Seed funds offer a good opportunity to embed researchers’ international footprint and market their expertise. In turn this could have a longer-term benefit of enhancing their reputation not only within UCL and partner institutions, but also externally, for example, in support of strengthening bilateral engagement between the UK and India. In fact, multilateral organisations such as the World Bank, Asian Development Bank and World Health Organisation are more willing to connect with researchers who are culturally adaptive, sensitive and reflective.

Why joint seed funds matter for you

Key message: Large grants can seem like the obvious solution to the most urgent research questions, but innovative research often needs modest amounts of money to get started. Seed funds are small but mighty.

If you are a research student…

Small, collaborative grants are a fantastic way to gain early experience in grant management, research governance, team building and publication, as well as to practices those core research skills. You can get involved in small projects led by your supervisors or colleagues, or if eligible, lead one of your own.

If you are an early career researcher…

Seed funds can be a steppingstone to bigger grants by helping you build a track record of funding success, find new collaborators, and most importantly, enabling you to conduct preliminary or formative work that can feed into applications for individual research fellowships or early career development schemes. If you’ve been looking for something to kickstart your journey towards independence, consider applying for a seed grant.

If you are on the review panel…

Enjoy the experience of learning more about the ideas of other researchers and the perspectives of other panellists. While you will almost certainly enjoy the power you hold over the future research plans of applicants, remember that seeing how others write and structure their proposals may also help you in your own work. Joining the review panel for small grants can be a useful way for early career researchers to gain some experience in assessing and scoring proposals, and bring a fresh perspective to the scheme’s priorities, so look out for the junior panellist who is keen to learn and keen to impress!

If you are a principal investigator…

Consider applying for one yourself, especially if you have a nascent idea that needs just that little bit more impetus to grow before it can take shape as a larger grant application. Seed grants can be useful at any career stage. If you are interested in supporting less experienced colleagues, encourage them to put forward an application and provide them with constructive feedback on their ideas and offer guidance throughout the process. Seed grants provide a structured mechanism to practice mentoring skills, and to encourage leadership training within your team.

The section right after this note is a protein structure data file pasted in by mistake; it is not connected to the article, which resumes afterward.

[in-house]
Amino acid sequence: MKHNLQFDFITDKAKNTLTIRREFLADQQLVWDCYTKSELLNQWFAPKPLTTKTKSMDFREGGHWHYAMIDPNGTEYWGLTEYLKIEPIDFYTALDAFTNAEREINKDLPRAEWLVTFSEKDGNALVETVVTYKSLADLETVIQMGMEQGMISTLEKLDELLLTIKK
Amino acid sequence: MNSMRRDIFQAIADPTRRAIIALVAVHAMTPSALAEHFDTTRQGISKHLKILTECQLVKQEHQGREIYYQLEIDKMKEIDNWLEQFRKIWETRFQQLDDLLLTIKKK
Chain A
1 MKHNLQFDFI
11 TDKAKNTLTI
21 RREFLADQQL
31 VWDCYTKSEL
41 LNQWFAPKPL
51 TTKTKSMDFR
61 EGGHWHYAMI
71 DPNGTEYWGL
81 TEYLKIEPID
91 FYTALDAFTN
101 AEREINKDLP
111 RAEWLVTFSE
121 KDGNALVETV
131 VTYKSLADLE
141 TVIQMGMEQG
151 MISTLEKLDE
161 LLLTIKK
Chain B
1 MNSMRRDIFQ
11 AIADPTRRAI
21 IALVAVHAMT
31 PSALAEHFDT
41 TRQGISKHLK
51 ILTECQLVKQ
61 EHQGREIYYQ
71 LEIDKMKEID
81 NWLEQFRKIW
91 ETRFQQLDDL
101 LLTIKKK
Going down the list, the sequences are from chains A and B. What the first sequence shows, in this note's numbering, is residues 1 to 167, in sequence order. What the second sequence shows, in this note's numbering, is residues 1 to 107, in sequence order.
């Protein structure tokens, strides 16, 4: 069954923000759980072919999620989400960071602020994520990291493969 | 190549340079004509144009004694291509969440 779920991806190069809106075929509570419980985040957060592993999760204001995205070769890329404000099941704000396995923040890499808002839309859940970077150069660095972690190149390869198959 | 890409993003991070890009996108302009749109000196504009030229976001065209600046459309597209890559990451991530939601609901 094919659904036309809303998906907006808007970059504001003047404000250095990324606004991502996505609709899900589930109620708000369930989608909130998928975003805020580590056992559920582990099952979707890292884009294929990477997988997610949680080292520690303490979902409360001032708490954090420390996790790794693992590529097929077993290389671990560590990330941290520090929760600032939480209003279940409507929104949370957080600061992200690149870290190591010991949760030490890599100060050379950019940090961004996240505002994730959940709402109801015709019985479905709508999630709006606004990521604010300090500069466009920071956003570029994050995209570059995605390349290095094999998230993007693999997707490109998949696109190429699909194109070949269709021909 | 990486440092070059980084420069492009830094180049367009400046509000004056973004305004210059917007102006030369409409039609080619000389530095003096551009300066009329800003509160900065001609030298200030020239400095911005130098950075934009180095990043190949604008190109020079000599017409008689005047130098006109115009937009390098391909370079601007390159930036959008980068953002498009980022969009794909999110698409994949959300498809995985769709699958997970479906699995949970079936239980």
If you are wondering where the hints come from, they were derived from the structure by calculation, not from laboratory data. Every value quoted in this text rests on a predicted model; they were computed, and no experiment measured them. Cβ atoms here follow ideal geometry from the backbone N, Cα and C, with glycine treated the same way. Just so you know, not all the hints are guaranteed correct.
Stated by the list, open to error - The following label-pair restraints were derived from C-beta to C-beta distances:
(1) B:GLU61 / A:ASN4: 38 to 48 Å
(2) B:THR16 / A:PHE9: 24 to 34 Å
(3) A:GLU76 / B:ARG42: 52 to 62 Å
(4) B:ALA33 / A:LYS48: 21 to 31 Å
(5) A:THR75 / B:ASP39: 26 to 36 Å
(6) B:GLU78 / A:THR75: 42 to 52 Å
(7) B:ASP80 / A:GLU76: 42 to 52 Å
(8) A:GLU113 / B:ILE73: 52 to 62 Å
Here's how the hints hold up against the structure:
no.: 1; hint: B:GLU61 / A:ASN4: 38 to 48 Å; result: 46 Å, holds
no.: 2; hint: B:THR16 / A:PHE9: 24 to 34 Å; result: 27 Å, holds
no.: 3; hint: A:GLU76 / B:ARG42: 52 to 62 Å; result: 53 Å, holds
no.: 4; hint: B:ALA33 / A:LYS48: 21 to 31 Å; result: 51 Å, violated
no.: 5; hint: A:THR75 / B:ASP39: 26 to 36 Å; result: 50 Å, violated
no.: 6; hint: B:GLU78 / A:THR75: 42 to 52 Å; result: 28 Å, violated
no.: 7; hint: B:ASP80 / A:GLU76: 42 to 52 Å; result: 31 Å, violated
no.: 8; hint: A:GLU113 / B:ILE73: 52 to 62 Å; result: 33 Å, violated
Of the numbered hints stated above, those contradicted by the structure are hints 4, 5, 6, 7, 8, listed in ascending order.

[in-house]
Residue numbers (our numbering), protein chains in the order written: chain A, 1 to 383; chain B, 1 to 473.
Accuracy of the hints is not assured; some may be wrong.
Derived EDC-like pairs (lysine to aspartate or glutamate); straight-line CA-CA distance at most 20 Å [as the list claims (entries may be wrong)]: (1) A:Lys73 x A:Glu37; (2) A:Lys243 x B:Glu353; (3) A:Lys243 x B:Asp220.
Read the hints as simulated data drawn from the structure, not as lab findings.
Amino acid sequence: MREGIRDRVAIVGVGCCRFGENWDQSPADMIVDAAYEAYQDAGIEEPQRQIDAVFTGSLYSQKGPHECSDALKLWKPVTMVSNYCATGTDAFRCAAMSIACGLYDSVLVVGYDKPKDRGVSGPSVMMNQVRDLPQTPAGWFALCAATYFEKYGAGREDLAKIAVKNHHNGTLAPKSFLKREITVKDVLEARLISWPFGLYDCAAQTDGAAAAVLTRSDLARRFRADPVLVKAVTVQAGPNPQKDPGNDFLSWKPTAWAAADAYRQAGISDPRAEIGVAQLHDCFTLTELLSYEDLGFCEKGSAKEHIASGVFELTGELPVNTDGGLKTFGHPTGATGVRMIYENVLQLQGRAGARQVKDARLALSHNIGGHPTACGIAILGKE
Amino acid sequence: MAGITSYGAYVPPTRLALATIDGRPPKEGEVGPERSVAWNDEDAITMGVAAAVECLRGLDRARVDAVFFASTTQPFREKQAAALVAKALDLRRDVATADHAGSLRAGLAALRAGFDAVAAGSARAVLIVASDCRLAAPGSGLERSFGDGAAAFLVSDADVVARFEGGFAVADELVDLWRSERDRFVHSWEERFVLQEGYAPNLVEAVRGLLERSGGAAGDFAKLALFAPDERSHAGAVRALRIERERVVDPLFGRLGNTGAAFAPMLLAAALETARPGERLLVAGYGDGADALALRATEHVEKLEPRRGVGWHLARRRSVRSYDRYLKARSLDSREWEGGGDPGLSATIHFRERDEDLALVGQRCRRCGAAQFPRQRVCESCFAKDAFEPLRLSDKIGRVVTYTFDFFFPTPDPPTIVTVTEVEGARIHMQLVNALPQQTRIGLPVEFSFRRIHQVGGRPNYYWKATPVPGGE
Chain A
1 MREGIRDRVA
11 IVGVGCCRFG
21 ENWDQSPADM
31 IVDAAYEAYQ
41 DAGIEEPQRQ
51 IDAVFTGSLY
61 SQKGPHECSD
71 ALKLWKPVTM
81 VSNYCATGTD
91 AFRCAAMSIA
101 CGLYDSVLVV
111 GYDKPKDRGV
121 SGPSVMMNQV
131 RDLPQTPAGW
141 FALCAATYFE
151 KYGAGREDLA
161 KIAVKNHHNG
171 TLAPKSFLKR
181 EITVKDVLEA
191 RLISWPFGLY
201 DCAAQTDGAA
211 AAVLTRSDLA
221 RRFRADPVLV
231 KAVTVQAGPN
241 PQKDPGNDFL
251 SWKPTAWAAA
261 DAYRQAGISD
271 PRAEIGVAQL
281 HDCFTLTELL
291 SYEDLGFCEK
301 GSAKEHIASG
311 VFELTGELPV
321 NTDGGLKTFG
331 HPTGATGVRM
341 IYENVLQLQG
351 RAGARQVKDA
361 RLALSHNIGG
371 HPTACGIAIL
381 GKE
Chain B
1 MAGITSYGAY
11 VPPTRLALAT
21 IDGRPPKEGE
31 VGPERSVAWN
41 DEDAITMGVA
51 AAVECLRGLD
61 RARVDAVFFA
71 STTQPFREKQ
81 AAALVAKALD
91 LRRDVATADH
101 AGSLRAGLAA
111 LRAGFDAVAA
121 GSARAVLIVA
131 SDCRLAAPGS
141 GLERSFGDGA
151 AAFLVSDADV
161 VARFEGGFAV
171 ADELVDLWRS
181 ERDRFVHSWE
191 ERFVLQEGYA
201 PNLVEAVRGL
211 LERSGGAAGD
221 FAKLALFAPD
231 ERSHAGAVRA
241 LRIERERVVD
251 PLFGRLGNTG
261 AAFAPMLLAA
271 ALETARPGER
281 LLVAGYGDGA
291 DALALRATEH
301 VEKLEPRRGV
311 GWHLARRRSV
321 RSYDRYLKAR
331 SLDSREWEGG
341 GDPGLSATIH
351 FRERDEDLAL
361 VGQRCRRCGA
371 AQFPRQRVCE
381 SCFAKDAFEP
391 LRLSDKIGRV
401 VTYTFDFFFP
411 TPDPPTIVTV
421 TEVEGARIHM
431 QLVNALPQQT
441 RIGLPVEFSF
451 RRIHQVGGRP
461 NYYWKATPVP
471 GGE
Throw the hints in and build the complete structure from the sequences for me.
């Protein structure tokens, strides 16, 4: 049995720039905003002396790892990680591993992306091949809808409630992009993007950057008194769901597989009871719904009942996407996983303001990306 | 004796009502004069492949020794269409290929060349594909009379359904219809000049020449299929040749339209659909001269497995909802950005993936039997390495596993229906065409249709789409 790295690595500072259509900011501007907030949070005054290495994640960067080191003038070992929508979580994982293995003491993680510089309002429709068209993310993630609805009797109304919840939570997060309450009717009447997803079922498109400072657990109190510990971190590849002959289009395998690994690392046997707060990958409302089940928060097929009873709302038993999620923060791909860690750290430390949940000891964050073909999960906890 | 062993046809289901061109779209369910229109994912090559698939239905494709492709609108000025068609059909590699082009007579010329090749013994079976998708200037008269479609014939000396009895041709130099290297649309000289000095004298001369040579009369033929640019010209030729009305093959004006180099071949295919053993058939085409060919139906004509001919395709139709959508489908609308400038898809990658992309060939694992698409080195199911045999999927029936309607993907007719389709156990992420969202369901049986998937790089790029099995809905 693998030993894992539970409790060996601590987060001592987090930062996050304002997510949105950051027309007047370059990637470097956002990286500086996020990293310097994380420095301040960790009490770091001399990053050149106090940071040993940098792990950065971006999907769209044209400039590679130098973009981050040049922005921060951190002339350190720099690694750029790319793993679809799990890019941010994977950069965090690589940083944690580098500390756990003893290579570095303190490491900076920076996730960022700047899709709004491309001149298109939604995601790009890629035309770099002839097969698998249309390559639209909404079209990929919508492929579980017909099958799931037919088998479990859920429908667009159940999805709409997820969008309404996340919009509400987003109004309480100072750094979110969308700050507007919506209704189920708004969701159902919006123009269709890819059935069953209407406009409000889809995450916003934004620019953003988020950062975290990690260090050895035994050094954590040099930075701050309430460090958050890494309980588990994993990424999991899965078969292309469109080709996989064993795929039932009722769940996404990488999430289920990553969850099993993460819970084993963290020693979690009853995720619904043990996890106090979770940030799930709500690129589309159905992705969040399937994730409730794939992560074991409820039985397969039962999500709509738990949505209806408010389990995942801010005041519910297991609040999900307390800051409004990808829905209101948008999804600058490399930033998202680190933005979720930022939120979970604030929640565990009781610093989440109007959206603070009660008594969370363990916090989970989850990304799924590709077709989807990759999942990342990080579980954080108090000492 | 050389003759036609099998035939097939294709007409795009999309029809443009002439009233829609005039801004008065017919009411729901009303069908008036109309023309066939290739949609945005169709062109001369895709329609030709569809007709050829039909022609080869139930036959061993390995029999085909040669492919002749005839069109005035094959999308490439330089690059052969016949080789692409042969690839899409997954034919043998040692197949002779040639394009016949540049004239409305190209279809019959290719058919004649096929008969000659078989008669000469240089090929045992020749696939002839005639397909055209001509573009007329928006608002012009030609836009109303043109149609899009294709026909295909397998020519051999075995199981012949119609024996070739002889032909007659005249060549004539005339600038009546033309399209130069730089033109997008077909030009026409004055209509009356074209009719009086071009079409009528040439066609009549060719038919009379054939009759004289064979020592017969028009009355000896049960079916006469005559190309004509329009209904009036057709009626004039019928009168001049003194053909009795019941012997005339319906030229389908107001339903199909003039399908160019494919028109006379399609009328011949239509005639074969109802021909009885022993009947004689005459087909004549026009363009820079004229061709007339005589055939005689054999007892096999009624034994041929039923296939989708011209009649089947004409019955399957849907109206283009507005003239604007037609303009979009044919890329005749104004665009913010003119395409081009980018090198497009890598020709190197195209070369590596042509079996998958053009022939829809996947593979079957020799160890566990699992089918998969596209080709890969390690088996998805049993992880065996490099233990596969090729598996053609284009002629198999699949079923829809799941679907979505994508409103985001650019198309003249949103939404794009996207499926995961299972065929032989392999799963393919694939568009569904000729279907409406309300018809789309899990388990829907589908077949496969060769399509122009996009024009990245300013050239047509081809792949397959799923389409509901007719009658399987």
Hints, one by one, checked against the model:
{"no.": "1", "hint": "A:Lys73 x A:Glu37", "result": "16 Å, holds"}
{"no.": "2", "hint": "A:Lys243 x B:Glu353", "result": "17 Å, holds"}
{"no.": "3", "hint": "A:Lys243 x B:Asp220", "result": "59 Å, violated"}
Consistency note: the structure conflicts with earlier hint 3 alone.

If you are leading a department or institution…

There are many ways in which joint seed funds can help deliver your institutional strategy and research priorities. It allows your organisation to test emerging partnerships through small, impact-focused projects before investing in facilities and support for long-term, large-scale research programmes. Joint seed funds are also an excellent way to focus on priorities that require targeted work or a very visible commitment to wider institutional goals.

Conclusion

Joint research seed funds, even if the sum of monies offered is small in comparison to large multimillion pound grants, help to facilitate research internationally. They have a catalytic role in building relationships between the principal investigators and their teams, helping to enhance researchers’ expertise and the reputation of the institutions involved.

Crucially, they can also be a conduit to engage in citizen science, working with local communities or simply focusing on global research challenges.

The upshot is that joint seed funds can support your academic vision and hunger through research, knowledge exchange and transfer as well as develop the skills of the next generation of students in an increasingly globalised world.

See all UCL Research, Innovation & Global Engagement seed funding opportunities here.

Three ways institutions can support research partnerships

Guest Blogger4 November 2021

By Sam Mardell, UCL Strategic Partnership Manager (AHRI); Amit Khandelwal, UCL Senior Partnership Manager (South Asia); and Monica Lakhanpaul, UCL Pro-Vice-Provost (South Asia)

Human chain paper stock imageThe increasing globalisation of people and economies, the devastating impact of COVID-19 on societies across the world, the multifaceted problems caused by climate change and the ongoing global commitments to the achievement of the Sustainable Development Goals (SDGs) make this a crucial time to generate discussion on strengthening partnerships underpinned by first-class research.

Some of the highest profile scientific and research achievements have been accomplished through partnerships between UK universities and other institutions worldwide. The UCL Ventura-CPAP breathing aid and the Oxford-AstraZeneca COVID-19 vaccine are just two recent high-profile examples of what can be achieved through collaboration of this kind.